Soulive

The Royal Family Ball featuring

Soulive

Lettuce, Roy Hargrove, Pharoahe Monch, Rahzel & DJ JS-1, Raul Midon, The Shady Horns

Sat, October 15, 2011

Doors: 6:30 pm / Show: 7:30 pm

Terminal 5

New York, NY

$25 advance / $30 day of show / $75 VIP Rager Ticket

This event is all ages

VIP 'Rager' ticket includes: Rager tour laminate, a meet & greet with the band following soundcheck, access to a VIP viewing area, a signed poster & a download code containing tapes of the show. (will call only)

Soulive
Soulive
Soulive has never made any bones about what they do best; it’s right there in their name. Since forming in 1999, the trio of guitarist Eric Krasno, drummer Alan Evans and keyboardist Neal Evans has carried the torch for the soul-jazz organ trio—that venerable, funky institution pioneered by the likes of Jimmy Smith, Brother Jack McDuff and Groove Holmes in the late ’60s. Rest assured, when the Evans brothers first brought Kraz by their Woodstock studio, there was plenty of old vinyl spread out on the floor.

In their 13 years together, Soulive has followed the muse in the direction of hip-hop, R&B, blues and rock, collaborating with the likes of Chaka Khan, Dave Matthews, Talib Kweli, John Scofield, Derek Trucks, Maceo Parker, Susan Tedeschi, Robert Randolph, Joshua Redman, Kenny Garrett, Fred Wesley, The Roots, Ivan Neville and so many others, even going so far as to record a full album of covers by The Beatles (Rubber Soulive). But, no matter how they push the limits of the organ trio, they always come back to their bread and butter: blistering solos and grooves that don’t quit.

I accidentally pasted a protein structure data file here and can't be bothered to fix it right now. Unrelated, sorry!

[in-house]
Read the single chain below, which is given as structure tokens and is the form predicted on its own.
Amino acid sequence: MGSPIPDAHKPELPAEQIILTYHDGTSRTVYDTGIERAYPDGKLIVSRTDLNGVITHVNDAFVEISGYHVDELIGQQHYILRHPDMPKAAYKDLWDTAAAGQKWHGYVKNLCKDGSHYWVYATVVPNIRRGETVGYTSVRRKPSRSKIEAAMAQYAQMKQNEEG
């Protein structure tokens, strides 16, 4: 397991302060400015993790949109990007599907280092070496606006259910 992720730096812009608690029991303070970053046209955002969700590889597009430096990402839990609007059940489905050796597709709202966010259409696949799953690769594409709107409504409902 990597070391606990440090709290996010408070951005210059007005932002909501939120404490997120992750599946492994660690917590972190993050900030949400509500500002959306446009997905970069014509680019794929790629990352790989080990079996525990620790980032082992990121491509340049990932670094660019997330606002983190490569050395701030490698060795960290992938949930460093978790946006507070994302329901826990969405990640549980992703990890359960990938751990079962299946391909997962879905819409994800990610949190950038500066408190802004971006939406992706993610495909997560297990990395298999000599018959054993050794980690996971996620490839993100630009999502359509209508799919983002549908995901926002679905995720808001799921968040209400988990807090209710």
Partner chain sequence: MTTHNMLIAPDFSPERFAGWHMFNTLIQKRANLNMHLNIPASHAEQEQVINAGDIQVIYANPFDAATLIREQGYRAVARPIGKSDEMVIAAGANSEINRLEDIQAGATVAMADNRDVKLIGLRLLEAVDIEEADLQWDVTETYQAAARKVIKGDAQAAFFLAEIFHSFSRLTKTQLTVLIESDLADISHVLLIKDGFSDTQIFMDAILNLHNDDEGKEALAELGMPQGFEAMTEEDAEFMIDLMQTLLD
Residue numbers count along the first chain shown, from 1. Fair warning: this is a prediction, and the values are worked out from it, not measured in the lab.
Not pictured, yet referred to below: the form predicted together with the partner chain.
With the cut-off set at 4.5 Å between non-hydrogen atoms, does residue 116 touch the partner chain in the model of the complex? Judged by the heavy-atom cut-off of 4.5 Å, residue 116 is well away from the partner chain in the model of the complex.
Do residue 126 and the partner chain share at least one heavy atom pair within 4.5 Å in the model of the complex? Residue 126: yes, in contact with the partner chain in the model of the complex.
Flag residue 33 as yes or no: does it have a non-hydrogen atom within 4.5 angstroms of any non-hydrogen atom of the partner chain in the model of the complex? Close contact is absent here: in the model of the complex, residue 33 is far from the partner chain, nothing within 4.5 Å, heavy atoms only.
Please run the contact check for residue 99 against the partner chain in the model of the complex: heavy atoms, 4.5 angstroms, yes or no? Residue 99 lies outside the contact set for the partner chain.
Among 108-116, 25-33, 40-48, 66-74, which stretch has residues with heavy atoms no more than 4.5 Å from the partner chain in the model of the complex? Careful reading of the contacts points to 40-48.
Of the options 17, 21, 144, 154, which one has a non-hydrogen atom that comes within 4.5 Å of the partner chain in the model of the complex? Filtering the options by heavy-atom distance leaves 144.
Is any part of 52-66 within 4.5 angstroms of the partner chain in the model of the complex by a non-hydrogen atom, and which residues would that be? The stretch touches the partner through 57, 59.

Their latest, a four-track EP entitled, SPARK, deserves a place on your record shelf right between Booker T. and a bottle of some damn good single-malt. Recorded over a day and a half with saxophonist/flautist Karl Denson (The Greyboy Allstars, Karl Denson’s Tiny Universe), the record captures the smoky vibe of early-’70s-era CTI Records releases by the likes of Freddie Hubbard, Grover Washington Jr. and George Benson. It’s the stuff Denson grew up on. “I’m older than the Soulive guys,” he says. “When I heard those records being sampled back in the late 80s, early 90s, popping up in clubs when I was over in Europe touring with Lenny Kravitz, that’s what really prepared me for this whole thing we’ve been doing for the last 20 years. It was a natural progression for me to finally do something in the CTI vein.”

Each tune was ultimately just a vehicle for the musicians’ playing, so, sticking to this formula, the quartet used very few overdubs. “Back in that era,” Krasno explains, “you bought a piece of vinyl and it had two tracks on either side. The grooves were kind of dark but really open and each musician got a chance to breathe.” Denson continues: “SPARK is really about the playing, less about the tunes. It’s the four of us collectively getting back to more of a jazzier thing than we’d done in recent memory.”